Freckling is characterised by romancing someone over the sunny months just to part ways when the wind starts to turn chilly.
Freckling, quite literal in its assertion while at the same time not literal at all, is a term describing a new kind of postmodern relationship. It isn’t noticing small spots on your sun-kissed summer skin — freckling is a new dating trend characterised by romancing someone over the sunny months just to part ways when the wind begins to turn chilly. Akin to the famously romanticised summer flings, freckling differs in one aspect. If your summer flings are with the same person, who you keep in touch with irregularly over the rest of the year via social media, then you’re freckling. Summer flings end, freckling however, is always incomplete because your partner is just a click away.
Swarnalatha Iyer, a consultant psychologist, finds it surprising that such a trend is being followed in India. On the relatability and growing popularity of freckling, she says, “It’s clear that today’s youth doesn’t want to commit, it is because they’re emotionally not as strong.”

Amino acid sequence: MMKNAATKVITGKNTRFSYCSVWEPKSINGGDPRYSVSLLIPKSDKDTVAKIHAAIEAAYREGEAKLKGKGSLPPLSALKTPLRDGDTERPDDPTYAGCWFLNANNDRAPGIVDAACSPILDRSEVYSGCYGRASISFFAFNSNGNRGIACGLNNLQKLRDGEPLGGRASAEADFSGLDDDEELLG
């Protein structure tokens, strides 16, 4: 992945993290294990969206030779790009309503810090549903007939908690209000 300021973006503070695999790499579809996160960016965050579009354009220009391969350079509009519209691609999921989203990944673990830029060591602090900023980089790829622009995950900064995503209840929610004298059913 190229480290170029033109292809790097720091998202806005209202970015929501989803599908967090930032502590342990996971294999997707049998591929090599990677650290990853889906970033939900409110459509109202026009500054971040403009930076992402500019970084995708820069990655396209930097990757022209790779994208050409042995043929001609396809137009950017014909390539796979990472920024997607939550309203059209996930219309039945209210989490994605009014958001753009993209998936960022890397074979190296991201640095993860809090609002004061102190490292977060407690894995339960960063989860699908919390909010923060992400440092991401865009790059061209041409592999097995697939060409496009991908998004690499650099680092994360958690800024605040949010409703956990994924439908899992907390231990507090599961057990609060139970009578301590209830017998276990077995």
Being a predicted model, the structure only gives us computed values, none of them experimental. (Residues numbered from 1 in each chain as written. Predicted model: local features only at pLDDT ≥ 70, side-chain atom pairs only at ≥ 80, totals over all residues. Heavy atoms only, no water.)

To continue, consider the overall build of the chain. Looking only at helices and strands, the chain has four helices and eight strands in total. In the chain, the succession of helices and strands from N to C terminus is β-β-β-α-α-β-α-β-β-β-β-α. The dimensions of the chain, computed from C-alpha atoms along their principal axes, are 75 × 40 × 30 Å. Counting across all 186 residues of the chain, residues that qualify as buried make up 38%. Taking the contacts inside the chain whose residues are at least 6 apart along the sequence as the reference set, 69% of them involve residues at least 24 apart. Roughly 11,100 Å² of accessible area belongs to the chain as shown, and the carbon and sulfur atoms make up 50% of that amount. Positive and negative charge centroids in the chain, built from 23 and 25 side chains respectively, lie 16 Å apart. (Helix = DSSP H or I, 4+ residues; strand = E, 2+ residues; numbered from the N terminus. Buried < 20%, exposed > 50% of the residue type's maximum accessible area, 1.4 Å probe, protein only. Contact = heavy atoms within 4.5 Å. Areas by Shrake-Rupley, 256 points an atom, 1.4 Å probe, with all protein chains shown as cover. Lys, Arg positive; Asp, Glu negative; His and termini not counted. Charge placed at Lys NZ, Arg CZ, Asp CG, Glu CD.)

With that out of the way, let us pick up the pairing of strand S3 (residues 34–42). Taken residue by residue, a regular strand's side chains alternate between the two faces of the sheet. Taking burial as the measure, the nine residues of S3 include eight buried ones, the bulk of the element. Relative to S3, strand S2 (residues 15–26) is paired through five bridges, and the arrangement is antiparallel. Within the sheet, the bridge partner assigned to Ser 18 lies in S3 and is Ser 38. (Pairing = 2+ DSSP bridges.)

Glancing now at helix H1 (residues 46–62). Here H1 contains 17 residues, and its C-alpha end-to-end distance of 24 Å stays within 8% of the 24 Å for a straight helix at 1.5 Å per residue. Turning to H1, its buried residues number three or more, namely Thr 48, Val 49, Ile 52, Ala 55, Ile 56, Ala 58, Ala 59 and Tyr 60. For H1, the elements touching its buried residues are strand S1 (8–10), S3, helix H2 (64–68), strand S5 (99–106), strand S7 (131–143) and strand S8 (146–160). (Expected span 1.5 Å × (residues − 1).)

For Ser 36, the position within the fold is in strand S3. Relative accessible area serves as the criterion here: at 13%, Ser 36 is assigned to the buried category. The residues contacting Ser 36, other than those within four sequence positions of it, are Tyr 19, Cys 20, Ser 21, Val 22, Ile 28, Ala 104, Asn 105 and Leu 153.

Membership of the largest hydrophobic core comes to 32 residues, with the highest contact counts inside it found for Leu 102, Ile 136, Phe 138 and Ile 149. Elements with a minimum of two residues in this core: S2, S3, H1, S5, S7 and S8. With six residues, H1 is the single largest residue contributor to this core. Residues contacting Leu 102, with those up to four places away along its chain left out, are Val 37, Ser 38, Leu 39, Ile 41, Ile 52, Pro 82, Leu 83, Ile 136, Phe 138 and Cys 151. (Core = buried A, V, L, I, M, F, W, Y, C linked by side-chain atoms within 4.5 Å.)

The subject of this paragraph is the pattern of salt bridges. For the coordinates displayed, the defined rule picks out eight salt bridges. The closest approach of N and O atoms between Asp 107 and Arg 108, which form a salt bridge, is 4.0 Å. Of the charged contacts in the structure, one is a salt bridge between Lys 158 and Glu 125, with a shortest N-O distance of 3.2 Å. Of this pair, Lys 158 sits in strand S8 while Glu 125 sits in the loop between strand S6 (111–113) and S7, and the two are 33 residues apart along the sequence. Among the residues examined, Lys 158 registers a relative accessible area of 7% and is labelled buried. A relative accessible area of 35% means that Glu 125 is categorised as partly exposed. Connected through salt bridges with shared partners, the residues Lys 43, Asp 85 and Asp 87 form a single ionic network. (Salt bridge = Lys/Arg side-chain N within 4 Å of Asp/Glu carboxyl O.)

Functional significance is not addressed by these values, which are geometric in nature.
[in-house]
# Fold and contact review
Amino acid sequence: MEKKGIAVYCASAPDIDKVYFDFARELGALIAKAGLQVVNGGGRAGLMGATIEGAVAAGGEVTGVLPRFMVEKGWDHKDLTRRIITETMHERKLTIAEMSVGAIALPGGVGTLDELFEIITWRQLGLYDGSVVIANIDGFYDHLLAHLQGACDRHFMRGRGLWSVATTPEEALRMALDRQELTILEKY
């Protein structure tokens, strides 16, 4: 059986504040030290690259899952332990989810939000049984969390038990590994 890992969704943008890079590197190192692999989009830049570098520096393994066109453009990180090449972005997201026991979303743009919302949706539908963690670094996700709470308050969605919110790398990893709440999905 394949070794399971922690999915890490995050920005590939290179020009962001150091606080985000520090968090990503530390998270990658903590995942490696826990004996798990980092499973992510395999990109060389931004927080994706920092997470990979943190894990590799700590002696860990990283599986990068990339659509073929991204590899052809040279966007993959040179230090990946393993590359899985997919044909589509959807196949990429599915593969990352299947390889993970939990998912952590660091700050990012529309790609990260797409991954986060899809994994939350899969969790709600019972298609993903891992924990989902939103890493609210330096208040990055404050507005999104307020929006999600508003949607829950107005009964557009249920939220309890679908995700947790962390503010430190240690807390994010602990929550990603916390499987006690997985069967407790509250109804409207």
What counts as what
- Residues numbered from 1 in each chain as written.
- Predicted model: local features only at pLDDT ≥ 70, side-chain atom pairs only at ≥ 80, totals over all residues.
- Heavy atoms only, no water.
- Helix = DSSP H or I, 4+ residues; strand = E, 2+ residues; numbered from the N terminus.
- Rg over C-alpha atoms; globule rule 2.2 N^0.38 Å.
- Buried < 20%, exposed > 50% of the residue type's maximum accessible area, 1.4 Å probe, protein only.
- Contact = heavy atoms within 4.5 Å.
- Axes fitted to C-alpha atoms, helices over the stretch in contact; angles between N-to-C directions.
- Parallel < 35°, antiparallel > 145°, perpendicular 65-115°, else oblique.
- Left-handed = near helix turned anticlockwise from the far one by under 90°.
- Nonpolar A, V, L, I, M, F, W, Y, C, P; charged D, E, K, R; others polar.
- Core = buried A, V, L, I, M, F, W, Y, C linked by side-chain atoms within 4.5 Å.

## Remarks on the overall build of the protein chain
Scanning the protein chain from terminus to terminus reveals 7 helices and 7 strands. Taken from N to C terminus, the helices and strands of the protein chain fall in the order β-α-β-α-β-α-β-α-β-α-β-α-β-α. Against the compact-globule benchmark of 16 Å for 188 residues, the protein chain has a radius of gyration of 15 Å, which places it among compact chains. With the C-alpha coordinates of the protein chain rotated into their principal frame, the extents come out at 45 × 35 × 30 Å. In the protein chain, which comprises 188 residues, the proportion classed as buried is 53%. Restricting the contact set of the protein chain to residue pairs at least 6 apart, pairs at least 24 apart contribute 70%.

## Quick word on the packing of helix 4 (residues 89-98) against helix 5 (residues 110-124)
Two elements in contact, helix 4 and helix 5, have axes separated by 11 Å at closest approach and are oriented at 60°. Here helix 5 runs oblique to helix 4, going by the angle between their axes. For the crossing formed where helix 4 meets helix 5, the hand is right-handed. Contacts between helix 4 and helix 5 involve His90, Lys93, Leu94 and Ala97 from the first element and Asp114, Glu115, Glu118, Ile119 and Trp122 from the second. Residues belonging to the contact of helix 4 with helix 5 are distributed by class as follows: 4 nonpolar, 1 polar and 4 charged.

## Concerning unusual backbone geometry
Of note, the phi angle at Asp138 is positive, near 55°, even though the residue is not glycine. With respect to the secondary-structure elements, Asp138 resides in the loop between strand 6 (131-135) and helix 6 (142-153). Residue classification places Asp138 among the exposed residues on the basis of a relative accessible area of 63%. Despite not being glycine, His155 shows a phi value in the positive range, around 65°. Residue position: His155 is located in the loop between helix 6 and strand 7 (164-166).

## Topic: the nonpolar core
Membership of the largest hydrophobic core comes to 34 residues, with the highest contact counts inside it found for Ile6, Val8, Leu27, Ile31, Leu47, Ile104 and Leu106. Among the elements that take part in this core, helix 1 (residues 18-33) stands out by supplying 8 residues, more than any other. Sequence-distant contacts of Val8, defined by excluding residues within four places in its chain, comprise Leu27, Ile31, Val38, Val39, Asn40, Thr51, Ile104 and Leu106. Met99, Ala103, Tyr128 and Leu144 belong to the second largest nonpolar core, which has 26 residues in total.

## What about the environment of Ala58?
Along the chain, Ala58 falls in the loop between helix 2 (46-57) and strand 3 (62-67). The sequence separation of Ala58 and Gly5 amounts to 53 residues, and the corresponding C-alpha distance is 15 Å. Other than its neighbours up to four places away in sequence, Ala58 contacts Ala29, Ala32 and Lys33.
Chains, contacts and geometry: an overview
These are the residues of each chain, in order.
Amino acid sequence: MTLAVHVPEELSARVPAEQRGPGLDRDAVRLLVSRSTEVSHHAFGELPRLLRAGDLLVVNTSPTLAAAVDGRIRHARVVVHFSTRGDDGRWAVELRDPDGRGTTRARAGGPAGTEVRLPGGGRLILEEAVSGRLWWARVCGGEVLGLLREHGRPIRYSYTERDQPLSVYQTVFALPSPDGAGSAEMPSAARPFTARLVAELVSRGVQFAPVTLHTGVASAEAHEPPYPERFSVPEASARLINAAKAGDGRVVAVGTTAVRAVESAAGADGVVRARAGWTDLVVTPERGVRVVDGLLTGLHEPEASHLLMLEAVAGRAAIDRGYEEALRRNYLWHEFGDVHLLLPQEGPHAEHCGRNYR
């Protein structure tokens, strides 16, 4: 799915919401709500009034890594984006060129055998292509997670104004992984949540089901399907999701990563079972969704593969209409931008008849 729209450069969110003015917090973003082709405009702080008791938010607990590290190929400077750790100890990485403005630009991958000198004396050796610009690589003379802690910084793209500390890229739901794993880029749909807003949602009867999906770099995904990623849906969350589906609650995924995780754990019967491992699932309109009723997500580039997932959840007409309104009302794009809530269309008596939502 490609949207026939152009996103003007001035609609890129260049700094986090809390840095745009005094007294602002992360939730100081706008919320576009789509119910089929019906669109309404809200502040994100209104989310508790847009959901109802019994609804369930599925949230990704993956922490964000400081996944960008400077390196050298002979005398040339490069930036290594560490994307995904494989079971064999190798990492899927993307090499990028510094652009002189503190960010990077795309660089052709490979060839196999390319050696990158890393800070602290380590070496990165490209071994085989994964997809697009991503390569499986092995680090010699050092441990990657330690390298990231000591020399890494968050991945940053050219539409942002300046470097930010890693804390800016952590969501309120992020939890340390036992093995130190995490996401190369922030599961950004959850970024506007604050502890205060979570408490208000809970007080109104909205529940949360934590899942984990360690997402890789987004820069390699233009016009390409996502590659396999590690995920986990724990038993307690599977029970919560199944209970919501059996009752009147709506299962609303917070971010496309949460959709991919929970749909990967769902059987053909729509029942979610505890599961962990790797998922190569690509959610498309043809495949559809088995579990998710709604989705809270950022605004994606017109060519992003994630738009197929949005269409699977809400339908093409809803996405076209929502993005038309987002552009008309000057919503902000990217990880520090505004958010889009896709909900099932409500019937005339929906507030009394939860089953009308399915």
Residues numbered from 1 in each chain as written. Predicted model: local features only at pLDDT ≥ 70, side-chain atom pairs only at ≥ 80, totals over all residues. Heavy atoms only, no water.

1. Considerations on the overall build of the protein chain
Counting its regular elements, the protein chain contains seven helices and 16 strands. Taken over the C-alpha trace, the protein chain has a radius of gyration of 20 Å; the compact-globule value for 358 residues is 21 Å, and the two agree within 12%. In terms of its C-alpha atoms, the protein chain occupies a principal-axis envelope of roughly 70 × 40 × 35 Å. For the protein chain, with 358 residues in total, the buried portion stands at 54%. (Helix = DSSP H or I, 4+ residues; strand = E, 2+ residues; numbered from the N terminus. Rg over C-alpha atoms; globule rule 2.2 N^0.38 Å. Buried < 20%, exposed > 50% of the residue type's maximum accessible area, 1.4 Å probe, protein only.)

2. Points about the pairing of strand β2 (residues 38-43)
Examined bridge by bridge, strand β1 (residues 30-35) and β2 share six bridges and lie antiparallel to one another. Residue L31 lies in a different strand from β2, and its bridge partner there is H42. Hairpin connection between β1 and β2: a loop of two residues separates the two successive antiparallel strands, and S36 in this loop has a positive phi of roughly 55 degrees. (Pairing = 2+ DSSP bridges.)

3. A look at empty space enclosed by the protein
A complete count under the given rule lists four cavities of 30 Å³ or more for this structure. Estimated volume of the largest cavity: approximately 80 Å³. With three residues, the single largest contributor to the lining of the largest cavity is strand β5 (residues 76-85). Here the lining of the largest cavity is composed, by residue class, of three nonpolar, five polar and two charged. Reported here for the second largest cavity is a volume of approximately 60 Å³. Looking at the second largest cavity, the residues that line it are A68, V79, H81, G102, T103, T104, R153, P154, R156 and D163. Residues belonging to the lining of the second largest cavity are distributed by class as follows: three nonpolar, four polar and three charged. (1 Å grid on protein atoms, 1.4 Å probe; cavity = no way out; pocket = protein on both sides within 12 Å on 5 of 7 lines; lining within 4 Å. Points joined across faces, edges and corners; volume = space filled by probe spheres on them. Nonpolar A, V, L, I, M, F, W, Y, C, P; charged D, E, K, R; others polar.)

Amidst a culture of fast-paced mass consumption of media, forming a deep emotional bond with someone presents a kind of dissonance in the mind of youngsters. “I’m not surprised by this trend. How is this different from any short-term relationship? And they’re all I see around me,” says a 20-year-old student studying in St. Stephens, evidently surprised at the shock value being accorded to freckling.
While the popularity is debatable, Swarnalatha is certain that she doesn’t appreciate what it reflects about present day relationships. “You can never cut off a person completely. Even if you’re clear this is a fling, the other person might not be. You don’t know what kind of an emotional effect this will have on someone.”
Freckling can be seen as a microcosm for a number of modern day relationships — a number of which are long distance, connected only by social media, often fragile because of miscommunication and intermittent.